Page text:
Yes, I have interfered with her natural dog reaction. I interfered, just as we do when we house train dogs, train them not to chew indiscriminately, and take steps to mitigate the natural behavior of resource guarding. And in this case, I did it entirely for her.

Other Types of Classical Conditioning for Puppies

Marge Rogers and I are currently discussing our new book, Puppy Socialization: What It Is and How to Do It on the Facebook group Books, Barks, and Banter. (Come join us! We are there until the end of June.) A discussion we had in the group made me think of juxtaposing these “then” and “now” videos of Clara. It’s also made me realize that one of the things I love about the topic of puppy socialization is that so much of it is based on classical conditioning: building positive, happy associations with new stuff. It’s a gift you can give to a puppy, or a grown dog if you are playing catch-up. Sometimes you don’t have to keep up the pairing religiously. Once a puppy (especially in their sensitive period for socialization) recovers from having a mild fear response to something in the environment, other reinforcers can come into play. I watched that happen with Clara with many things. But for a dog with fearful tendencies who didn’t get the best start in life, it really pays off if you do keep up the 1:1 pairing. I think I made the right decision with the dog barks.

Related Posts

Copyright 2021 Eileen Anderson

Puppy Socialization Book Is Now Available

Puppy Socialization Book Is Now Available

Beau, 11 weeks


Puppy Socialization: What It Is and How to Do It, by Marge Rogers and myself, is now available at Amazon and several other e-book vendors (with more to come)! We think it’s already a steal at its list price, $9.99, but it’s 20% off for the whole month of June. You can purchase 63,000 words, 50+ photos, and access to 50+ linked videos for $7.99.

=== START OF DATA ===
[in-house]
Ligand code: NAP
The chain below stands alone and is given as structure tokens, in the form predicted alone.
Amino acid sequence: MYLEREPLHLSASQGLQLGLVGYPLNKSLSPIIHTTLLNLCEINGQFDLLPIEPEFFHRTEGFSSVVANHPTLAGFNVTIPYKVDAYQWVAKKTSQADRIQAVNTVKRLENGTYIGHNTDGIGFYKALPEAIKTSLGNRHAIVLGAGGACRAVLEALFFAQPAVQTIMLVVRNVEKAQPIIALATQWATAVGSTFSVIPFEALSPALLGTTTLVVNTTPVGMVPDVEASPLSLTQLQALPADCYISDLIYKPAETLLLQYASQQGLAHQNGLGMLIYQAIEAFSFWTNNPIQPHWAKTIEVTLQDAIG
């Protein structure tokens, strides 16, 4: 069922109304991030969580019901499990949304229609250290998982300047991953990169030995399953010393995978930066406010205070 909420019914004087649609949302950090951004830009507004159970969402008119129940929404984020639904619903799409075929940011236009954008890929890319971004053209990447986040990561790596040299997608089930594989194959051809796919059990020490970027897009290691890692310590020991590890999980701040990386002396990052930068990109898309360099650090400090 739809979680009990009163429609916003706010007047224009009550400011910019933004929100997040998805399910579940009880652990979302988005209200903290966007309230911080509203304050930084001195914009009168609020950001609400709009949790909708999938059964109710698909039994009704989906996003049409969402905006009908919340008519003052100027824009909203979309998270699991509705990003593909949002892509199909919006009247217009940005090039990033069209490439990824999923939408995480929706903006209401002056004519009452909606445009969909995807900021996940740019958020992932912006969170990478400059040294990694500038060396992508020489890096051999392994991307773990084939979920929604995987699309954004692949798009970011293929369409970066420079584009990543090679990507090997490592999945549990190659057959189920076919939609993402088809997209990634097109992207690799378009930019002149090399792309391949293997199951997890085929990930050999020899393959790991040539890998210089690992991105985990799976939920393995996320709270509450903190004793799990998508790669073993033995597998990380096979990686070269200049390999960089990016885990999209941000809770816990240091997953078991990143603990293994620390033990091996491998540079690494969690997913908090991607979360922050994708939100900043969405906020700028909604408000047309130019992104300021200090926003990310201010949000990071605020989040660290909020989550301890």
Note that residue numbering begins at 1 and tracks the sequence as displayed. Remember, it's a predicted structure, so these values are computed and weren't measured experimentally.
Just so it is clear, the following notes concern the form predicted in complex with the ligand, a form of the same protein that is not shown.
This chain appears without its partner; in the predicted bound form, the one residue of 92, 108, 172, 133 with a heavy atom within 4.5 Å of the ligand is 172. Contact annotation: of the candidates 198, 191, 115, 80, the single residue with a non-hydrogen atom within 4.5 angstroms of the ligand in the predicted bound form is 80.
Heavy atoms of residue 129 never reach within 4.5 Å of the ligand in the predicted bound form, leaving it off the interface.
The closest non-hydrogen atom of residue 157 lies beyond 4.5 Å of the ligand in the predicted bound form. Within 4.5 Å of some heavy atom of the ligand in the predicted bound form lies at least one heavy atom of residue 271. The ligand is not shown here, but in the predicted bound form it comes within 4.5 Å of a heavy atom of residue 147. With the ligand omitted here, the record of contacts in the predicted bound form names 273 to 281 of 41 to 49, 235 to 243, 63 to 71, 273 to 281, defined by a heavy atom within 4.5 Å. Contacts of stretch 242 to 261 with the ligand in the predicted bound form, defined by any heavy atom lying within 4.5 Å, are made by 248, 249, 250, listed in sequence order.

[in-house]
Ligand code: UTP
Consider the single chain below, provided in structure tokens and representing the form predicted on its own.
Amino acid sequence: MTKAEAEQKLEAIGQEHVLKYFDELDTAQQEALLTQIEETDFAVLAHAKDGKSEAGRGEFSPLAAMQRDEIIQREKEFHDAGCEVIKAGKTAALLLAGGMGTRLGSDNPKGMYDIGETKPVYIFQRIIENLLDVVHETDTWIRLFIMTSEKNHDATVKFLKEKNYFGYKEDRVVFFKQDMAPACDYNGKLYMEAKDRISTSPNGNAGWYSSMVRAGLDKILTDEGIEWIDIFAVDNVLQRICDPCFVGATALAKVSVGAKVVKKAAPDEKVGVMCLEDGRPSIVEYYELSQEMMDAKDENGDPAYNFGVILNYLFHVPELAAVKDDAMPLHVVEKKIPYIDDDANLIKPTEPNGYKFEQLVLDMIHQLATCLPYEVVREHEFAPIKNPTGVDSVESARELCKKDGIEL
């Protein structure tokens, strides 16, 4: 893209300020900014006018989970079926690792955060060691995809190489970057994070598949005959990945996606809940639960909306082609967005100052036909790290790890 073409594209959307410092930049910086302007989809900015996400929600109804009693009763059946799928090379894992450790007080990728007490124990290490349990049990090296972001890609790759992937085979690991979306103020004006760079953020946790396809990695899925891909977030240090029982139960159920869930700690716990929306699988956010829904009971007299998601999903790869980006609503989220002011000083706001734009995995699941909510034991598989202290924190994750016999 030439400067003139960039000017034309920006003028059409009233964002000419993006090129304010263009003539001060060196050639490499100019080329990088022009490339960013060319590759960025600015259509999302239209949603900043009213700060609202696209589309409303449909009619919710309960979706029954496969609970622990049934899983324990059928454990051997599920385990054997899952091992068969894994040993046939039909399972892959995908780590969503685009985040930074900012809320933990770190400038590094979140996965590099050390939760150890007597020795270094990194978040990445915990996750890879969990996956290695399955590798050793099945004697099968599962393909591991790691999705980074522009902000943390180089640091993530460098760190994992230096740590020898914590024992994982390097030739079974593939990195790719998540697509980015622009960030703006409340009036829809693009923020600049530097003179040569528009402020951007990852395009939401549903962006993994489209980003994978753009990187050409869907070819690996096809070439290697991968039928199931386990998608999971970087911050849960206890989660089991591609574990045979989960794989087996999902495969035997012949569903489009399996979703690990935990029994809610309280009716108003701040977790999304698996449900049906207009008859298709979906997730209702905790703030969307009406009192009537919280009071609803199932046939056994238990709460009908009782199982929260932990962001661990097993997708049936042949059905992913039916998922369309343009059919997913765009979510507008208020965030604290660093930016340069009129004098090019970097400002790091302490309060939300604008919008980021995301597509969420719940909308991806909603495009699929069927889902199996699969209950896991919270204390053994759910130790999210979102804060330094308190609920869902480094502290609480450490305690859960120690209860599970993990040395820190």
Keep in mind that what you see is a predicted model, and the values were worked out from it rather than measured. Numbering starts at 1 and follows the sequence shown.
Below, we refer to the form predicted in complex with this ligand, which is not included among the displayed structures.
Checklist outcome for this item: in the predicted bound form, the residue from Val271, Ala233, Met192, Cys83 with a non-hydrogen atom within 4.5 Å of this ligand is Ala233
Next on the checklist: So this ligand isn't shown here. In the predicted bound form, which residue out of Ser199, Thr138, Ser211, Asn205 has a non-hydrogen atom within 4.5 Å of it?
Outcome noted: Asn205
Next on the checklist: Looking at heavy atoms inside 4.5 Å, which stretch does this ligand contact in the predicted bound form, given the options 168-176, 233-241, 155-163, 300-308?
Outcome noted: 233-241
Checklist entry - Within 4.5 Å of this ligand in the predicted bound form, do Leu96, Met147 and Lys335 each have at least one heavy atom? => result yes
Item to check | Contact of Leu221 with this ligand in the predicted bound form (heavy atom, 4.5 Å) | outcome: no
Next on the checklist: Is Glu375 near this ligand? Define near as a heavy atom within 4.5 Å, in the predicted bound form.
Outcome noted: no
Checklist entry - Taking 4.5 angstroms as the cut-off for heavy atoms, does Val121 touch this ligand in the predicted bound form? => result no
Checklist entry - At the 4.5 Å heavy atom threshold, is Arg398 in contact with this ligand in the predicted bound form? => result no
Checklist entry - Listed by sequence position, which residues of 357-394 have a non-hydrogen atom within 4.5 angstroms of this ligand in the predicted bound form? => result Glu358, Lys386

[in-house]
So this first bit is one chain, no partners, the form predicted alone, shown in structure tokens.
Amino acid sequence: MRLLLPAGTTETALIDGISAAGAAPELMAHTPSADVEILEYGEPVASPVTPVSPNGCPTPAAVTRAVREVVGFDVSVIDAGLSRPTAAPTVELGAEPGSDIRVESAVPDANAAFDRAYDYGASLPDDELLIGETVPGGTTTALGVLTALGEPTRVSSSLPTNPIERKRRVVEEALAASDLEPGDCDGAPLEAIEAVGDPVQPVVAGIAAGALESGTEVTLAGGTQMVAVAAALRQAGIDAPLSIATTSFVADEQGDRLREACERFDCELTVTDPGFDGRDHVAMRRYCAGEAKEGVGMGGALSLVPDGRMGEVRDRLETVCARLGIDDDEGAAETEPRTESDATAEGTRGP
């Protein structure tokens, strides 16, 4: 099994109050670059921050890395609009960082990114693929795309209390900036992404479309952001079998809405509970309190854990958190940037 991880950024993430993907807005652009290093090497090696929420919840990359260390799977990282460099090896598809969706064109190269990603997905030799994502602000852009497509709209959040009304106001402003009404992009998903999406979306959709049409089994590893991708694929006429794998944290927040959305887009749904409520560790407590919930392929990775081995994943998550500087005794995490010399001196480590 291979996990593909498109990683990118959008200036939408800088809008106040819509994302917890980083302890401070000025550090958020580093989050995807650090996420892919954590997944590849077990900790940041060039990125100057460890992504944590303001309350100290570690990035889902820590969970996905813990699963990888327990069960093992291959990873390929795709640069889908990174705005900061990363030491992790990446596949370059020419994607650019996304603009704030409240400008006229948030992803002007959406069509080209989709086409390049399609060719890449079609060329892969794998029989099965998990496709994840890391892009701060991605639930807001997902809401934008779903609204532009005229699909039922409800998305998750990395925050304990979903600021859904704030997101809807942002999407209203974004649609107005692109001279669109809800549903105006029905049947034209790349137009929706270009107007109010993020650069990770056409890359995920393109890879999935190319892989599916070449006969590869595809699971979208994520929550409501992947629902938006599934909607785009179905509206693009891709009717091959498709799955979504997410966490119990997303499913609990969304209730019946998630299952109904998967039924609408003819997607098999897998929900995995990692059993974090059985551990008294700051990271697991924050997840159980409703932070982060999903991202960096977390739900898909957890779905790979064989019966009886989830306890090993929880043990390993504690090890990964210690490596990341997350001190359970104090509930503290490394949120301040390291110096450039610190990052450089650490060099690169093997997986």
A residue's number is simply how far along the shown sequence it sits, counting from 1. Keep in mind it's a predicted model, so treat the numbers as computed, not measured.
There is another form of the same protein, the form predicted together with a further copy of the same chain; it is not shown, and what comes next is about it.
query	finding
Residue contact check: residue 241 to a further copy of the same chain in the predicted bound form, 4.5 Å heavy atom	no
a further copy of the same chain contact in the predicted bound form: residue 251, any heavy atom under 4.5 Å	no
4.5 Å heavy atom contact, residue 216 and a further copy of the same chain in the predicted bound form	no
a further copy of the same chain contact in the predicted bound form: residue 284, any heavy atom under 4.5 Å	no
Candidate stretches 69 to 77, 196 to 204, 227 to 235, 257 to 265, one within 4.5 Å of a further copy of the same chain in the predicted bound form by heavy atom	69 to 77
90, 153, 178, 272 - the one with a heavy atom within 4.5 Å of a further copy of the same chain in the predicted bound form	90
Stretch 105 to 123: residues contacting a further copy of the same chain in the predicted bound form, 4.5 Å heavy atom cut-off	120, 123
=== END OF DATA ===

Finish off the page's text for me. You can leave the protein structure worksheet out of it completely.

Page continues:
Clara, 11 weeks

This book is why the lights have been off for an unprecedented two months in my blog! Late at night sometimes I work on some posts—it’s impossible for me not to write blog posts—but I haven’t had the brain cells to polish them. Polishing the puppy book is all Marge and I have been doing for most of that time period!


Tinker, 10 weeks


We are very proud of this book. It was a huge endeavor and we and hope there is something in it for every reader.

Copyright 2021 Eileen Anderson

Photo Credits

  • Beau: Blanche Axton
  • Clara: Eileen Anderson
  • Tinker: Marge Rogers

Helping a Reactive Dog Compete in Rally—And Why We Retired

Helping a Reactive Dog Compete in Rally—And Why We Retired

This is a rewrite, with significant changes, of a post originally published in March 2013.

Dog Trial venue
The distracting, sometimes scary environment of a dog trial